Jest of Spring Potrero A.S. XLI

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By Baron Malcolm AlbericRRE

Spring Potrero A.S. XLI

The story you are about to read is true. Only reality has been changed to protect the Dream.'

Once again evil forces from the untamed and lawless lands south of Calafia were threatening the kingdom, forcing the Caidan army to make a stand in that fair barony.

It was morning when the Dreiburgen column entered the Potrero valley. Upon our arrival Baroness Robynne and myself sought out His Excellency Baron David of Calafia for reports of the approaching enemy. These were favorable and to our liking. The enemy was more than a day’s march away, and many columns of Caidan soldiers were already streaming into camp from all over the kingdom. Safe in the knowledge that we had a day’s grace, Baroness Robynne and I aided their Calafian Excellencies in readying the camps for the arrival of the rest of the Caidan army.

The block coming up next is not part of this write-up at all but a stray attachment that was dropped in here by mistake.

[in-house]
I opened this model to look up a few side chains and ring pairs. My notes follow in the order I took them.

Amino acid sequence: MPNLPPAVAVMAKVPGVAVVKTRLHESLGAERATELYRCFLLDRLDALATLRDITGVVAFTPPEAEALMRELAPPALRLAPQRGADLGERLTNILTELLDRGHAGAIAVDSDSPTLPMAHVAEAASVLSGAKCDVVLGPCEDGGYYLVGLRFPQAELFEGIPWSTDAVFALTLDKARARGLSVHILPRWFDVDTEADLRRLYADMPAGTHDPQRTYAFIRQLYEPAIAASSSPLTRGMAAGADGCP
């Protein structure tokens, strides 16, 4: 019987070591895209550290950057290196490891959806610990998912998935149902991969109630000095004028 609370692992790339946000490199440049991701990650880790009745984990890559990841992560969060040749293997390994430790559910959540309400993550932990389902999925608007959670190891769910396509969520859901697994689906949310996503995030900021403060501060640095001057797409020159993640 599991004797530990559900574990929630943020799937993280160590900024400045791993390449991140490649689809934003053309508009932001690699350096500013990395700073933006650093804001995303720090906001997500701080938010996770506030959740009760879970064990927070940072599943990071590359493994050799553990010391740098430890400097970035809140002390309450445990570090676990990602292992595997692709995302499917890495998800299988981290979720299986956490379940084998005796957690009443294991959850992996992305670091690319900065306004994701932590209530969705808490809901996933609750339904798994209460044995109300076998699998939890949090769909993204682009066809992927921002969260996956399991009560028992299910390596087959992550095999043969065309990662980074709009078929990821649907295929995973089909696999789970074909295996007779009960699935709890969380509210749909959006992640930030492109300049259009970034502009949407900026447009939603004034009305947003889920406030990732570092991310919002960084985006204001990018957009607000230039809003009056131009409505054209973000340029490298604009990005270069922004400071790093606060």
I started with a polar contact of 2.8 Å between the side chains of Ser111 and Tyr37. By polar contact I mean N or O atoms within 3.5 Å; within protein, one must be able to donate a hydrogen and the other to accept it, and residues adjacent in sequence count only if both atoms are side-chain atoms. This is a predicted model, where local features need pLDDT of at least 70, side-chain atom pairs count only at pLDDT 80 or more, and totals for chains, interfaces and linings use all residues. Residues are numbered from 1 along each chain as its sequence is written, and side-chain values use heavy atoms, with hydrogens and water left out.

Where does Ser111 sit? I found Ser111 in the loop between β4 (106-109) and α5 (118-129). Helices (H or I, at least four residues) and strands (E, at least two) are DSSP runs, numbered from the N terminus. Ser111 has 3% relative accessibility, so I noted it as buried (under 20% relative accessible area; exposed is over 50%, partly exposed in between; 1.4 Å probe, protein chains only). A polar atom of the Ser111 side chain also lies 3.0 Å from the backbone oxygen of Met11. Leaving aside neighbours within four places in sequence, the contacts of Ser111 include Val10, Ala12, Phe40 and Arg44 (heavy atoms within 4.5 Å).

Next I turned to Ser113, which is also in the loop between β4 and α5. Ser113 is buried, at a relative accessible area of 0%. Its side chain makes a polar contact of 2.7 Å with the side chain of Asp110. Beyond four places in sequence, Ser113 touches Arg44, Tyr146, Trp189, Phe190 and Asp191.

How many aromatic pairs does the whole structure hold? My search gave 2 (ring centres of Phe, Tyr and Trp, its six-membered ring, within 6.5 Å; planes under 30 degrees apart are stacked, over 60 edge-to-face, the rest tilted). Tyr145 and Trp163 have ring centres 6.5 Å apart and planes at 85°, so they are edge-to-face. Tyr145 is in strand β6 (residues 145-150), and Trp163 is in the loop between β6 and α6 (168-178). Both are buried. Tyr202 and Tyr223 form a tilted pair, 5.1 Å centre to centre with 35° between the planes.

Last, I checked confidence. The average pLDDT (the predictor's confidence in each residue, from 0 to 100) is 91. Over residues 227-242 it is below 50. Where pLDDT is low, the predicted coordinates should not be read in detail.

The battleground for the initial engagement had already been selected. Our early discovery of the advancing army, combined with their direction of approach, would allow us to take up position in a canyon. A large bridge spanned the canyon walls, and our enemy would need to cross it. Their only other option would be to loose many more days marching around the canyon, allowing Caid time to gather more troops.

That afternoon I visited Master Quinn of the Caidan Royal Artillery Corps to inquire as to their plans for the battle. He informed me that His Majesty and Their Excellencies did not wish to loose the bridge, so the plan was to place some small ballistas on the ridge overlooking it. In that way massive casualties could be inflicted without damaging the bridge. Quinn’s only concern was that he did not have enough troops to properly protect the engines should the blockade of the bridge fail. I immediately told him that I and all that came under my banner would be proud to provide the C.R.A.C. with a defense.